First from Glenn Reynolds, who throws out one proposal for reform:
That “absolute immunity,” by the way, is entirely a judicial creation and — except, I suppose for absolute judicial immunity — as overweening an example of “judicial activism” as you’ll ever find, though this is seldom noted. If such immunity is to exist, it should be legislatively arrived at, not the product of judicial fiat.
Personally, I think that overcharging should cost prosecutors something. How about this — the state is on the hook for a pro-rata share of defendant’s legal expenses based on the number of offenses charged, but not convicted. Charge with 20 crimes, convict on 2, you pay 90% of the defendant’s legal fees.
Or maybe it should be based on years: Charges adding up to a maximum penalty of 100 years; actual sentence, 1 year. Government pays 99%. What do you think? I think that we need more oversight of prosecutors, and since I have little faith that the legal establishment will provide it, I’m looking for structural ways to give them skin in the game.
I think defendants should definitely be reimbursed for legal fees any time they’re acquitted. Or to be honest, any time they’re charged and never convicted. They should probably be compensated for any time they spent in jail awaiting trial in those cases, too. They certainly should be compensated in cases where there’s both prosecutorial misconduct and there was never a conviction. As I understand it, that’s supposed to be how the federal system works, but it doesn’t usually happen that way.
Absolute Immunity is just insanity. And as Reynolds points out, we only have it by way of SCOTUS fiat, a point it was amusing to see former Bush Solicitor General Paul Clement make to Justices Roberts and Alito during oral arguments in the most recent immunity case. At the very least, prosecutors should be subject to civil suits when they actually break the law.
New York criminal defense attorney Scott Greenfield, who is probably one the few people more cynical about this stuff than I am, also weighs in with the gloomy but probably observation that even if some reform were to pass, it’s unlikely that it would be enforced. After detailing how the system is supposed to work in theory, Greenfield opines:
The problem with this very nice, very sanitary discussion is that the process doesn’t necessarily happen this way. Radley attributes this to a need or a higher burden before subjecting a person to the rest of the ride (since courts have refused to do much of anything to eliminate the first 24 hours or so of hell, from arrest to arraignment). I have little faith in amorphous legal standards to begin with, and am firmly of the view that all the players in the system can ignore a higher standard just as easily as it ignores a lower one.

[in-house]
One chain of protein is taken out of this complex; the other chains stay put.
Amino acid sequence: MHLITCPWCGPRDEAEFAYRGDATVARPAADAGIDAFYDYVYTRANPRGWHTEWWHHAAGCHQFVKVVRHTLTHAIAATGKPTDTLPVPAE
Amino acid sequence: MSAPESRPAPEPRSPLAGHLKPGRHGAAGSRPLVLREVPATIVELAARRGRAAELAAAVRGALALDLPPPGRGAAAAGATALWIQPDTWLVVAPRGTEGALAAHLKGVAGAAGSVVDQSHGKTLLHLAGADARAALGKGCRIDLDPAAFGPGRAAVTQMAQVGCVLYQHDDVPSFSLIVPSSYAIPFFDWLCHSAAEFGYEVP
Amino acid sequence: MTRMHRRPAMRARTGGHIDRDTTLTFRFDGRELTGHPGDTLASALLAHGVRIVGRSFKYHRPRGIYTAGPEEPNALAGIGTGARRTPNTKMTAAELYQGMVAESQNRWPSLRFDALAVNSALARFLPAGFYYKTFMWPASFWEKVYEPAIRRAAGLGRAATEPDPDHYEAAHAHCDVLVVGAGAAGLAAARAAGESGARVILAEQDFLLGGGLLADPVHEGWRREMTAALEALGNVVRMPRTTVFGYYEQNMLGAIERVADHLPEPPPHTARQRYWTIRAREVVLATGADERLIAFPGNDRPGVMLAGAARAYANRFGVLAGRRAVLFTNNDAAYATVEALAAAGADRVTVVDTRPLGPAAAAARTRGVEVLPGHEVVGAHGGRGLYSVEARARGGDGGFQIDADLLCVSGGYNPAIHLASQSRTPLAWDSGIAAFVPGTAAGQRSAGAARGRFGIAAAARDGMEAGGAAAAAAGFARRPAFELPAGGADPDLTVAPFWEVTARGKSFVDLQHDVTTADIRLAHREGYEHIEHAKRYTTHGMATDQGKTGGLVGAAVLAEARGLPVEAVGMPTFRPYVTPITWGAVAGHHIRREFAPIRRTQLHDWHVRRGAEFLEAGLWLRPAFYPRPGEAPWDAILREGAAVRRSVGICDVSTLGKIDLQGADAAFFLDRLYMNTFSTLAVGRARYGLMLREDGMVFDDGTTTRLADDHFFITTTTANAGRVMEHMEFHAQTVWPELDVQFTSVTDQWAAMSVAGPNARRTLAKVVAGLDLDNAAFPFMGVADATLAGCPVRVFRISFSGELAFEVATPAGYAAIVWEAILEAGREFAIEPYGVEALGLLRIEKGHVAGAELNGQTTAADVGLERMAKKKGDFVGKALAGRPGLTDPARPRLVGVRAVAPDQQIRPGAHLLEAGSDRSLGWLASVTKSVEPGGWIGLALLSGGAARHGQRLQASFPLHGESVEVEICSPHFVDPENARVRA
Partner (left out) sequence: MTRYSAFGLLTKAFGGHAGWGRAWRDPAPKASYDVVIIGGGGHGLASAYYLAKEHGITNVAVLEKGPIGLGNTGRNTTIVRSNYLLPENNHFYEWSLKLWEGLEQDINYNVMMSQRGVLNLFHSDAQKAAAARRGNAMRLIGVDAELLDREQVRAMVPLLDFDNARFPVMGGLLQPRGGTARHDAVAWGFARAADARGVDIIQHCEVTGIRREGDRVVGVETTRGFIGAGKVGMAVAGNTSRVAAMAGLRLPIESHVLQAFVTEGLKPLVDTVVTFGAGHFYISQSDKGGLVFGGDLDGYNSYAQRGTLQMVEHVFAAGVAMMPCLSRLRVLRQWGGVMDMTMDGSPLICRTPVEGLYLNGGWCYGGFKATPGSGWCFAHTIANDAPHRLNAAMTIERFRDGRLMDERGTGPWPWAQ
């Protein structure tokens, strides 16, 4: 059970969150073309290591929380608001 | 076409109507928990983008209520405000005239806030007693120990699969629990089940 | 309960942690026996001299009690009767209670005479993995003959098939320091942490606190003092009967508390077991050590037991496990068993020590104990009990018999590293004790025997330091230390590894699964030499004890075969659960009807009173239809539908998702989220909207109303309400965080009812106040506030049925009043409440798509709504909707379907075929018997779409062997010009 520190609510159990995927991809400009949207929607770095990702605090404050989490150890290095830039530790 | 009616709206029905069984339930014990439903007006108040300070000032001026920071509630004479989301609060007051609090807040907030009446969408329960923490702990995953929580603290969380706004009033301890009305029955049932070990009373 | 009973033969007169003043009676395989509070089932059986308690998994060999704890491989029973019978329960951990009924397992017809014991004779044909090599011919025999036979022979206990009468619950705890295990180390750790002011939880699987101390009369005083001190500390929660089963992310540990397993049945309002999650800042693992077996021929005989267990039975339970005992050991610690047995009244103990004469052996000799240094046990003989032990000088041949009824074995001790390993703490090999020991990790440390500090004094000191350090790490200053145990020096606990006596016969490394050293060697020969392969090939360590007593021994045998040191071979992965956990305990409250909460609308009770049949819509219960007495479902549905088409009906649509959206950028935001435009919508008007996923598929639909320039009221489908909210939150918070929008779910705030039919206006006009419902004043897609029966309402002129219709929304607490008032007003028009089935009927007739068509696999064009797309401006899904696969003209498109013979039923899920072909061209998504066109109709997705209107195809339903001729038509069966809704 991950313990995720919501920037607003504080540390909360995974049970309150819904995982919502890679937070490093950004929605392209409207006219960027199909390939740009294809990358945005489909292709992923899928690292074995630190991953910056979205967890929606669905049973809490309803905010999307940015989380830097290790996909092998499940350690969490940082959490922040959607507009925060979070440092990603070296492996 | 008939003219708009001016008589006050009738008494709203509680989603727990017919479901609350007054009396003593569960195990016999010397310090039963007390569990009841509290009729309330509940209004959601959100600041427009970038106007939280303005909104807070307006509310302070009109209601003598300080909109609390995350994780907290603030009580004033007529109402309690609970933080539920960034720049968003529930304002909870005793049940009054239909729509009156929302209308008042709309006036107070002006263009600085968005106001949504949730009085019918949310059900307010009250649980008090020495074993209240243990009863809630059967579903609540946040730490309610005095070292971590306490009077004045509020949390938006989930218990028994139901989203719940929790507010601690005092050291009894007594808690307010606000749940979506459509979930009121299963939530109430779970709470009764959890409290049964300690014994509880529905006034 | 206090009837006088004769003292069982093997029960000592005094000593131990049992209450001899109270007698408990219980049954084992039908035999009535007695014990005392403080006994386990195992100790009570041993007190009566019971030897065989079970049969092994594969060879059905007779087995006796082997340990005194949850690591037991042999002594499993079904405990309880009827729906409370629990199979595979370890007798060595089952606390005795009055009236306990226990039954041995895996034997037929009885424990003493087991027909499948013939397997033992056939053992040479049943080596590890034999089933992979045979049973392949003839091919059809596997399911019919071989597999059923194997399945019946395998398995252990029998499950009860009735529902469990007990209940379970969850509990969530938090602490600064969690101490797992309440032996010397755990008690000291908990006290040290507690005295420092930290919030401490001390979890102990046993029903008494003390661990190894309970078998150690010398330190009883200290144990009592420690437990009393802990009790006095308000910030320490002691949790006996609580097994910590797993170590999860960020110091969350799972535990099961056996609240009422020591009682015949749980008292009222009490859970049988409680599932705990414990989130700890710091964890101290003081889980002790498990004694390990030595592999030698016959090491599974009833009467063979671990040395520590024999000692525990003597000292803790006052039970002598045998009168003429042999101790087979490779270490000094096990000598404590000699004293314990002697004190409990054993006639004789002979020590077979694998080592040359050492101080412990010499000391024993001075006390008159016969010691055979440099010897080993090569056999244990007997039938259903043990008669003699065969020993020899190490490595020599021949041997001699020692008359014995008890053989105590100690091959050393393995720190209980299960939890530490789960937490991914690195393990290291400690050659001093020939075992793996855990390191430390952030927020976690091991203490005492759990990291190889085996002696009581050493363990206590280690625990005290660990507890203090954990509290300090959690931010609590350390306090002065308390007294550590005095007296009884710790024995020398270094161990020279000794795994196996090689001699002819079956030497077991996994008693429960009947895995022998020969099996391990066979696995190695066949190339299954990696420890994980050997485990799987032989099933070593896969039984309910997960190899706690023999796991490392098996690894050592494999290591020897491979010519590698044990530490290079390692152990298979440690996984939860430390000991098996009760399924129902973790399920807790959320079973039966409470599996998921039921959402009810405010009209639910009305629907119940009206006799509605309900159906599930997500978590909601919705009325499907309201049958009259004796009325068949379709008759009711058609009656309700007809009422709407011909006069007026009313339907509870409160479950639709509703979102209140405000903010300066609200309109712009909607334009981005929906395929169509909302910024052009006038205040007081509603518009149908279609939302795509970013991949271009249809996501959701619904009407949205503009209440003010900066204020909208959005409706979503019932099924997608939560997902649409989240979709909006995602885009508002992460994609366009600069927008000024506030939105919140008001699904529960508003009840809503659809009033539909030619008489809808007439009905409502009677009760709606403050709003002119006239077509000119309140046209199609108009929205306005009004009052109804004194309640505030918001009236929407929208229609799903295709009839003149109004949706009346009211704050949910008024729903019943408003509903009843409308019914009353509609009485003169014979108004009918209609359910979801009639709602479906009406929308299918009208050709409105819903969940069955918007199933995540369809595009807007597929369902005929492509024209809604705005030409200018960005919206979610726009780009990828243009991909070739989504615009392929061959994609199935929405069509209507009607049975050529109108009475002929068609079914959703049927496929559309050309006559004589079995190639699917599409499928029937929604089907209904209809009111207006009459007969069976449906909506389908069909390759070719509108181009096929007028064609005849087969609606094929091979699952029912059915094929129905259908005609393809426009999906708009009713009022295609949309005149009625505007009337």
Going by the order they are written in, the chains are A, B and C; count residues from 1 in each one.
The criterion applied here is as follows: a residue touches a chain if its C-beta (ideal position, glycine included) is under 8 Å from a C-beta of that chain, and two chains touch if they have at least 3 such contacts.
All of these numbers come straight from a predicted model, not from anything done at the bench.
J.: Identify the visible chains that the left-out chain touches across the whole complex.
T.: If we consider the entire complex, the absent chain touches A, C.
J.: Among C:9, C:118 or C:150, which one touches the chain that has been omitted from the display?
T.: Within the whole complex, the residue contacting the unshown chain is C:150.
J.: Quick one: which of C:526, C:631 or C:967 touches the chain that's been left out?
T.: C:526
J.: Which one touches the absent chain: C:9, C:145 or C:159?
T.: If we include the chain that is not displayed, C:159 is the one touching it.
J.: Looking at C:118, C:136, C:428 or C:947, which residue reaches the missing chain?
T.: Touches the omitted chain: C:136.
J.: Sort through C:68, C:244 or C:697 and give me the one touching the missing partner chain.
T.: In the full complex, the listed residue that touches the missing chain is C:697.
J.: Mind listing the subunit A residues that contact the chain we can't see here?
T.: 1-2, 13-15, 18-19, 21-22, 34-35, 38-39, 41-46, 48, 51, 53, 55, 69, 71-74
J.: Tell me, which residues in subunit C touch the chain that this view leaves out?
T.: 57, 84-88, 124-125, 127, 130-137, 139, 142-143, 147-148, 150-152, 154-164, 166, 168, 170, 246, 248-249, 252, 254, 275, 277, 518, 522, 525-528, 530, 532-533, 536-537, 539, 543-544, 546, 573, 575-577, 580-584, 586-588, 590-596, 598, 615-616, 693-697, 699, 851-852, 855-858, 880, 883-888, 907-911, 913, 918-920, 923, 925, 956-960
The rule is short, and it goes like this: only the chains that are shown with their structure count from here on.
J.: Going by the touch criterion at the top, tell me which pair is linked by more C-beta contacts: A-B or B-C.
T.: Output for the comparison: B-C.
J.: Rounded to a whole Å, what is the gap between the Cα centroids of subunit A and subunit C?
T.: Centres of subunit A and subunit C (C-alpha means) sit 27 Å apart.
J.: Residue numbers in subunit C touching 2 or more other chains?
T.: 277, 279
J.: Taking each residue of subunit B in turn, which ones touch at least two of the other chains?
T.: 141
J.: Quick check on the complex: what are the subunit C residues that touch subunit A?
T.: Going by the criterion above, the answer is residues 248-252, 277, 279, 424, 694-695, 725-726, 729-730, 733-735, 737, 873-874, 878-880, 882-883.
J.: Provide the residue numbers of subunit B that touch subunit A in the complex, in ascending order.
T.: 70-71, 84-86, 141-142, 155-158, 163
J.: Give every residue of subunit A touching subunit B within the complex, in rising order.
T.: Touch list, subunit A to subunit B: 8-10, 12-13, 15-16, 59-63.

Not that I have anything against a higher burden before subjecting a person to the nightmare of prosecution, but the fundamental problem with the system as it currently works is that it relies on each of the players faithfully performing the duties of their office. Until that happens, and happens in every case, the system fails. No standard, no matter how clear or vague, high or low, is going to make a system work when those charged with protecting people from baseless prosecution close their eyes and pass their responsibility down the line.
I think he’s probably right. But if I may be so naive as to posit at least a flickering bright spot in all of this gloom, I do think public opinion on these issues is changing. The great work the Innocence Project is doing to shed light on the problems in the criminal justice system is having an impact. We’ve seen a few cases now where bad prosecutors have been voted out, or at least faced tough reelection challenges. In Colorado, two prosecutors who hid exculpatory evidence in an innocence case had actually gone on to become judges when voters recalled them in the 2010 election. So I think there’s merit in continuing to draw attention to these issues, and to highlight cases that illustrate where the system goes wrong.
But that’s kinda’ what I get paid to do. So grain of salt, and all of that.